Ethiopian Girl, 4, Is Brought to U.S. for Life-Changing Surgery

When you first glance at Samirawit Hallemariam – it’s almost impossible not to notice the growth protruding from the left side of her face.

But, after spending just a few moments with this spunky 4-year-old, all of that disappears, and instead you see the twinkle in her big brown eyes. What’s more, you see all of the strength she has mustered up in her short life.

Samirawit, or Sami, as her doctors call her, is from a rural village in Ethiopia where little or no medical care is available – an especially dire situation for her because she was born with a venous malformation – a condition, which if left untreated, can be deadly.

Fortunately, fate stepped in, and Sami was discovered by chance at a clinic in Israel by Michelle Sorscher, a nurse manager for Dr. Alejandro Berenstein, of the Vascular Birthmarks Institute of New York, who was in Tel Aviv at the time helping other children.

“Michelle came up and she said, ‘You've gotta see this kid.’ And we saw this beautiful, beautiful kid that has this significant problem, and we knew immediately what it was,” Berenstein, co-director of the institute and chief of Interventional Radiology at St. Luke's-Roosevelt Hospital Center and Beth Israel Medical Center, told “Think of a venous malformation as varicose veins in the leg. It's different, but for you to understand, it's like imagine varicosities, a collection of blood vessels in the face, they cannot empty the blood so they keep expanding.”

Initially, Sami was brought to Israel on four different occasions for treatment, after she was introduced to Dell J. Russell, the founder of the non-profit organization, International Children's Outreach Network.

“The greatest thing of our country is that people, no matter their background, no matter their political behavior or whatever, is that we are a very philanthropic country and we try to help, and this wonderful man from Seattle, Wash., goes to Ethiopia and helps families and children and found this little girl,” Berenstein said.

It took a tremendous amount of work, but Sami was eventually brought to the U.S. in June for life-saving treatment, which meant she had to leave her family behind in Ethiopia.

It would be devastating for any child, but fortunately for Sami, Beverly Brandwine stepped in as her foster mother during her stay in the U.S.

“This is the fifth child that I've fostered, and they are all, I mean I obviously wouldn't do this if I didn't love it, but they've all just… they add so much to your life,” she said with emotion.

For the next two months, Brandwine and Sami were inseparable while she underwent treatments to get her ready for surgery.

Dr. Milton Waner, who is also working on Sami’s case, heads the Vascular Birthmarks Institute along with Berenstein.

“Venous malformations are very, very different from other lesions in that they are filled with huge blood vessels, and operating or attempting to do surgery on these children without any help is almost uniformly fatal because of the amount of blood loss in a short period of time could be massive,” Waner said.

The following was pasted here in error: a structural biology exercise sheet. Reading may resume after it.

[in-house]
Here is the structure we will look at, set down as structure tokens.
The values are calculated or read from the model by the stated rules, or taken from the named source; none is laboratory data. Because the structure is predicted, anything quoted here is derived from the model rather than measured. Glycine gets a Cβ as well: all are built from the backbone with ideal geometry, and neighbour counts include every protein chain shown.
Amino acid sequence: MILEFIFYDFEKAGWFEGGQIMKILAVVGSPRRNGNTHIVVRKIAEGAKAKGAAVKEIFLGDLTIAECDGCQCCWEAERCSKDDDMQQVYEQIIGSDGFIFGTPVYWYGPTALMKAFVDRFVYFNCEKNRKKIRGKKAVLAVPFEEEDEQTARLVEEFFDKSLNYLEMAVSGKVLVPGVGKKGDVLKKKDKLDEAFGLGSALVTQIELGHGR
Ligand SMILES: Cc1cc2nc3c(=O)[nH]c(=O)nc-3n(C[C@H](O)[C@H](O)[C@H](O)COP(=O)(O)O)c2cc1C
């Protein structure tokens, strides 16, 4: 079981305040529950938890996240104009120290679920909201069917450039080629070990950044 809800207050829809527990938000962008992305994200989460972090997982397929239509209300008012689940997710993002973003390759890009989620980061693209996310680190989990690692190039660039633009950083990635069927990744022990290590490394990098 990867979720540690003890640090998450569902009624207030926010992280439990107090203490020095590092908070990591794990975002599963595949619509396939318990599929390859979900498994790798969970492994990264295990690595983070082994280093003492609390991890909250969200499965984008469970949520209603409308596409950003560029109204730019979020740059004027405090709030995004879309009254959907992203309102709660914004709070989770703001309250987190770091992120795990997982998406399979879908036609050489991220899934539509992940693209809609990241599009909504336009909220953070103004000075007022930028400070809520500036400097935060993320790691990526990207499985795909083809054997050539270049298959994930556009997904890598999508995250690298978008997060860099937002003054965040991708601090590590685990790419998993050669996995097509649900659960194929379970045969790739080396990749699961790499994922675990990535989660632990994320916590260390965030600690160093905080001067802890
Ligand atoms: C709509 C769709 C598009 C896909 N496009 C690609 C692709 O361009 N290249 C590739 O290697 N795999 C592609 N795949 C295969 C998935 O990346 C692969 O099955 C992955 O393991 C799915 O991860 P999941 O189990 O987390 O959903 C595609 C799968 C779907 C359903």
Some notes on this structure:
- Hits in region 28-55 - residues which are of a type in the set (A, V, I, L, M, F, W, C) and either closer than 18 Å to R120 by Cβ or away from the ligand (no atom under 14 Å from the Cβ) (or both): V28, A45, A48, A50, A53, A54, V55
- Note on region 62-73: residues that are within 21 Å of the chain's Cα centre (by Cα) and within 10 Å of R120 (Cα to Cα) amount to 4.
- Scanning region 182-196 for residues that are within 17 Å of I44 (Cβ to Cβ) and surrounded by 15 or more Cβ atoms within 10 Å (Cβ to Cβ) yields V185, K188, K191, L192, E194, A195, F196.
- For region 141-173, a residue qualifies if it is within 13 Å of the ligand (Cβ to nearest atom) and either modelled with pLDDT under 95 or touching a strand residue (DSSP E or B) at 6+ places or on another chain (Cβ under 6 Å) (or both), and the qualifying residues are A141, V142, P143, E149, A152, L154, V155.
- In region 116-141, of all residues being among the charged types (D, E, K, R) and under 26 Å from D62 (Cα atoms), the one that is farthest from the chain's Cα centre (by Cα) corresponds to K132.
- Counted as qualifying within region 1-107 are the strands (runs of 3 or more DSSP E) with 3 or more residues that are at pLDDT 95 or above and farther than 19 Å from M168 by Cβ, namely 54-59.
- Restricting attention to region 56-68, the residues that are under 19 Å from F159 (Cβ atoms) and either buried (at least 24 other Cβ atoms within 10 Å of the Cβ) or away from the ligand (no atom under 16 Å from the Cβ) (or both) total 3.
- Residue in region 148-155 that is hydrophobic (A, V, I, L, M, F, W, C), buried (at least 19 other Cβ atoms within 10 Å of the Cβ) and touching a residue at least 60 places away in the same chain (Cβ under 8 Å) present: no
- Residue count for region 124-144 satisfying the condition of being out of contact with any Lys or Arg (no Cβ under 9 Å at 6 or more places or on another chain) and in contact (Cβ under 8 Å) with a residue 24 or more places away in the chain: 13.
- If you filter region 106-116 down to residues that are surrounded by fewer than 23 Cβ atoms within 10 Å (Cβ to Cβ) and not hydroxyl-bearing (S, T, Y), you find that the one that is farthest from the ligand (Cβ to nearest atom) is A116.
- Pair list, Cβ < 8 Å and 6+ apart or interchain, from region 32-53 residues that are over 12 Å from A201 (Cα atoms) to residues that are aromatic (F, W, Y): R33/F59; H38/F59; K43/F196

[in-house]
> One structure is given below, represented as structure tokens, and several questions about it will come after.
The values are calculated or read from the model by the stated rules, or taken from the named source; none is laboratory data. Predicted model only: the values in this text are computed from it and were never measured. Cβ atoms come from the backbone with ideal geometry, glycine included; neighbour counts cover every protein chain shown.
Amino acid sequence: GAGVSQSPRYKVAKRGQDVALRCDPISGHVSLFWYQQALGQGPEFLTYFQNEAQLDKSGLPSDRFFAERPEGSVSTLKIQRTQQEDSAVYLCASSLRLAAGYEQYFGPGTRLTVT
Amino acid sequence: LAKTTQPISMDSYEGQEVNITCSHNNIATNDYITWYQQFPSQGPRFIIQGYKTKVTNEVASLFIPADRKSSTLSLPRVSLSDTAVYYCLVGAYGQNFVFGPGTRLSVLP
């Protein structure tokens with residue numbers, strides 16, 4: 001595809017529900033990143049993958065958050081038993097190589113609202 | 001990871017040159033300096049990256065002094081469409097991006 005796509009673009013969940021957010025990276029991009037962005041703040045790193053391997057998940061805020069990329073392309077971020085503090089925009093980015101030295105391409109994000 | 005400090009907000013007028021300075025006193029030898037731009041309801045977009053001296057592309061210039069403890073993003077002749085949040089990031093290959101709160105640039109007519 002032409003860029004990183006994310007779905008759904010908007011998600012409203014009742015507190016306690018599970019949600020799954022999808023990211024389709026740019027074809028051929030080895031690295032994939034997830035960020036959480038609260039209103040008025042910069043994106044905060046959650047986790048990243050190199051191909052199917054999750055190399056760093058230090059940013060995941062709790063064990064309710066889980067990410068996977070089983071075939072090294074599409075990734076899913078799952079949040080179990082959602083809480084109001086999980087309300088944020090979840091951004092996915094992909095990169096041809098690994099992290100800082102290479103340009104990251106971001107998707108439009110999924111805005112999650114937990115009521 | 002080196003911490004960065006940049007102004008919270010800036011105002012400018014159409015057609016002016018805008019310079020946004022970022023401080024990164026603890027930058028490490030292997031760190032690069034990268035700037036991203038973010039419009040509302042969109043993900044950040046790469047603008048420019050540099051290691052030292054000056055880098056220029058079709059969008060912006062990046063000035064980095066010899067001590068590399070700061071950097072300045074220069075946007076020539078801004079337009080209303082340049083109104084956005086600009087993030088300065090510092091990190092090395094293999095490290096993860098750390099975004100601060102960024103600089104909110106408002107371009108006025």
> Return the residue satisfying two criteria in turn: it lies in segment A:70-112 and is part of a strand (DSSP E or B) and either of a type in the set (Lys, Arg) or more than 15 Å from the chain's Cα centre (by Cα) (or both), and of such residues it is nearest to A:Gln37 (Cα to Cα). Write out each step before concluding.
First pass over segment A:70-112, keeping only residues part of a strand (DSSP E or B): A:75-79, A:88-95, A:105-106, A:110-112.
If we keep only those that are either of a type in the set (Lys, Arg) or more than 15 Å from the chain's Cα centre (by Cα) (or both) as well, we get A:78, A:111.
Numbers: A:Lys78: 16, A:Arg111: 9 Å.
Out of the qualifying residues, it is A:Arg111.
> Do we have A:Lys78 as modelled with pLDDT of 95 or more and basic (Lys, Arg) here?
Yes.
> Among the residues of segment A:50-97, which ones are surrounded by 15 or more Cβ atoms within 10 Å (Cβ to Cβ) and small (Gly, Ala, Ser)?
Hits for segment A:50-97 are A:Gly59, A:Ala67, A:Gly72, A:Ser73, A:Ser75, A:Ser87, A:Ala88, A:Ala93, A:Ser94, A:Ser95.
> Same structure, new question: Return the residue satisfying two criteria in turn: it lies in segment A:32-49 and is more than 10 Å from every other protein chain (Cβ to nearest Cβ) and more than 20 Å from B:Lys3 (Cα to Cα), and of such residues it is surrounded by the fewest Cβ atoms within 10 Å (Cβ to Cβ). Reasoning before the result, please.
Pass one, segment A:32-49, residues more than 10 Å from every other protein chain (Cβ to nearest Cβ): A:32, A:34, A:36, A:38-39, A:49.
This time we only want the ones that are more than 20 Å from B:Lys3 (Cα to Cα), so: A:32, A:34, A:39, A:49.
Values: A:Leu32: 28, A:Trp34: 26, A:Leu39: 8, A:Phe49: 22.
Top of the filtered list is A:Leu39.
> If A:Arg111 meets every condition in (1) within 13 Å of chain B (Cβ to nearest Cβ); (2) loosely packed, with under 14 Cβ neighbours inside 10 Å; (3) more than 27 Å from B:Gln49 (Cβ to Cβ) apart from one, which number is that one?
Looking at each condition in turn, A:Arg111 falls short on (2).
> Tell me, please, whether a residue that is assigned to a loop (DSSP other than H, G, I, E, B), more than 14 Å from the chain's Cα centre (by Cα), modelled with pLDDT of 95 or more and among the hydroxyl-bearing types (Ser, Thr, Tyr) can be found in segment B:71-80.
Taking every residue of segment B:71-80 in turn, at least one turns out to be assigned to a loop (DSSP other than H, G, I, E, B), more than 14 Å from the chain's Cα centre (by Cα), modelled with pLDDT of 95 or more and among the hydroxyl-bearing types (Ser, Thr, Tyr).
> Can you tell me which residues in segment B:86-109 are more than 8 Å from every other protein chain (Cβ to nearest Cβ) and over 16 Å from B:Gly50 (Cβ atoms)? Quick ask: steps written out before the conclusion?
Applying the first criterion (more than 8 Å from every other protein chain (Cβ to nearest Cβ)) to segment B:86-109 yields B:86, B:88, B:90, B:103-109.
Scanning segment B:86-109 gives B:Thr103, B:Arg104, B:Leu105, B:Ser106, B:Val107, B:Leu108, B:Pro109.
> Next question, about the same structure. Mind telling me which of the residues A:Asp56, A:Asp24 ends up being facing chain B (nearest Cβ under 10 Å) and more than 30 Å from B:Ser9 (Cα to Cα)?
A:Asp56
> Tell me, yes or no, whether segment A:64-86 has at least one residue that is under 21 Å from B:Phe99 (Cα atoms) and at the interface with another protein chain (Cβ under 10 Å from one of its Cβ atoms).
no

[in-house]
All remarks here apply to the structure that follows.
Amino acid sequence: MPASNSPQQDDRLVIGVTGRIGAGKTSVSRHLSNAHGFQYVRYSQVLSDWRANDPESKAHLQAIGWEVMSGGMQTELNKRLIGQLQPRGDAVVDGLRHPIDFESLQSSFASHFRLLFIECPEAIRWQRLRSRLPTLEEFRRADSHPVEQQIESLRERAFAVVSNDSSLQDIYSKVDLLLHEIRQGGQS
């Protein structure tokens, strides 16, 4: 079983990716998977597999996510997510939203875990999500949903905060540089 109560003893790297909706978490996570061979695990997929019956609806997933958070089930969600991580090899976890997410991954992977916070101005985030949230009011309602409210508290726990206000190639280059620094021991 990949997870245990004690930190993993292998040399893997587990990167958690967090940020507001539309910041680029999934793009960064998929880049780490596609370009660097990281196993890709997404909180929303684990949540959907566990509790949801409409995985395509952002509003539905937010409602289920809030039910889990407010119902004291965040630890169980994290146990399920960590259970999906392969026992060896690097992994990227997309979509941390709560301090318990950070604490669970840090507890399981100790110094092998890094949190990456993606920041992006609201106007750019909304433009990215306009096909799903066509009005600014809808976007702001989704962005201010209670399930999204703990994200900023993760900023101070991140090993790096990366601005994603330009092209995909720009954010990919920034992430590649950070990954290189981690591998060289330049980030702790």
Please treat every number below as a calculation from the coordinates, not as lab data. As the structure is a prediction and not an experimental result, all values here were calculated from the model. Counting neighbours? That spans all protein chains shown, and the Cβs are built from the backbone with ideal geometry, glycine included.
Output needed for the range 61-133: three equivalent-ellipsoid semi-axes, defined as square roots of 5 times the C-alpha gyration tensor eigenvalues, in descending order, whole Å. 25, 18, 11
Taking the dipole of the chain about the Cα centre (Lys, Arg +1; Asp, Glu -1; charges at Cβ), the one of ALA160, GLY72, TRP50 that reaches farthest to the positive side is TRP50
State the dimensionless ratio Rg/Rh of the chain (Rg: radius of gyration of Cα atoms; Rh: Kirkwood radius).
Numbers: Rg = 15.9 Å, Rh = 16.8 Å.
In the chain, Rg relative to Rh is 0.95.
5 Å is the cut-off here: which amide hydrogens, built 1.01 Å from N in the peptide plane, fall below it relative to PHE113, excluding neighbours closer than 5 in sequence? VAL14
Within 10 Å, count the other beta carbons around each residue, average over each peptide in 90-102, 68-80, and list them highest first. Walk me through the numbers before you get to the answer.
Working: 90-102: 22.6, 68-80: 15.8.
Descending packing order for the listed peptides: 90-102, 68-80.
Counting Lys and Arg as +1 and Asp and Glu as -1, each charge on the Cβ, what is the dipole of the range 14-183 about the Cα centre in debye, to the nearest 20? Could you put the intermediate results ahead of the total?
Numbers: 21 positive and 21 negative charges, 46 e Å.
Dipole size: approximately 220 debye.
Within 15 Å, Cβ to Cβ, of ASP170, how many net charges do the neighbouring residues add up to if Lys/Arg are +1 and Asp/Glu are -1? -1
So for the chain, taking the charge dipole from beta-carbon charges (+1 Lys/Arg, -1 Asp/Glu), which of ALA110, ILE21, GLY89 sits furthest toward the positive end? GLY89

In order to prevent this from happening, Waner and Berenstein combined their techniques.

“This is something new that we've innovated here in New York," Waner said. “We inject, or Dr. Berenstein injects sclerosants into the venous malformation and this causes clotting off of these big huge blood vessels, so once this is sufficiently clotted off, I can go in there and remove it."

The treatment, known as sclerotherapy, involves injecting a solution directly into a vein – causing it to scar and collapse. In Sami’s case, she underwent three sessions of injections to make sure there would be minimal blood loss during the removal of the mass.

On the morning of August 31, the time had finally come for surgery – and with one last hug from Brandwine – Sami was brought into the operating room.

The OR was buzzing with excitement, with several doctors coming into check in on the progress of the surgery, including Berenstein and Sorscher, who said she felt responsible for the well-being of this girl she helped bring from the other side of the world.

"It has been quite a journey, which could never have happened without all the people involved," Sorscher said.

In the end, it took a little more than three hours to remove the mass due to the sheer size of it, but everyone was incredibly happy with the results.

Waner spoke to moments after he finished the procedure.

“It went exceptionally well,” he said. “I believe I got the vast majority of it - well over 90 percent of it. She may have a residual disease under the skin, but it's not going to be a major problem and she's going to look fine. I shortened her upper lip in two vectors. I shortened it in the vertical and the horizontal vectors – so it has come to line nicely. I am very happy. The venous malformation is out and she's fine. I think she'll bounce right back."

That’s exactly what happened. Sami was released from the hospital the night after surgery and for the next few months, she’ll be watched closely to see if she will need any “nips and tucks” to bring symmetry to her face.

After that, the sky is the limit for this brave little girl.

"I would like Sami to go back to Ethiopia, and I would like her to go to school. She is very bright,” Brandwine said. “I have so much respect for these kids. To learn a new language… it's just incredible what they go through... but they get to go home to a new life.”

Click here for more information about the International Children’s Outreach Network.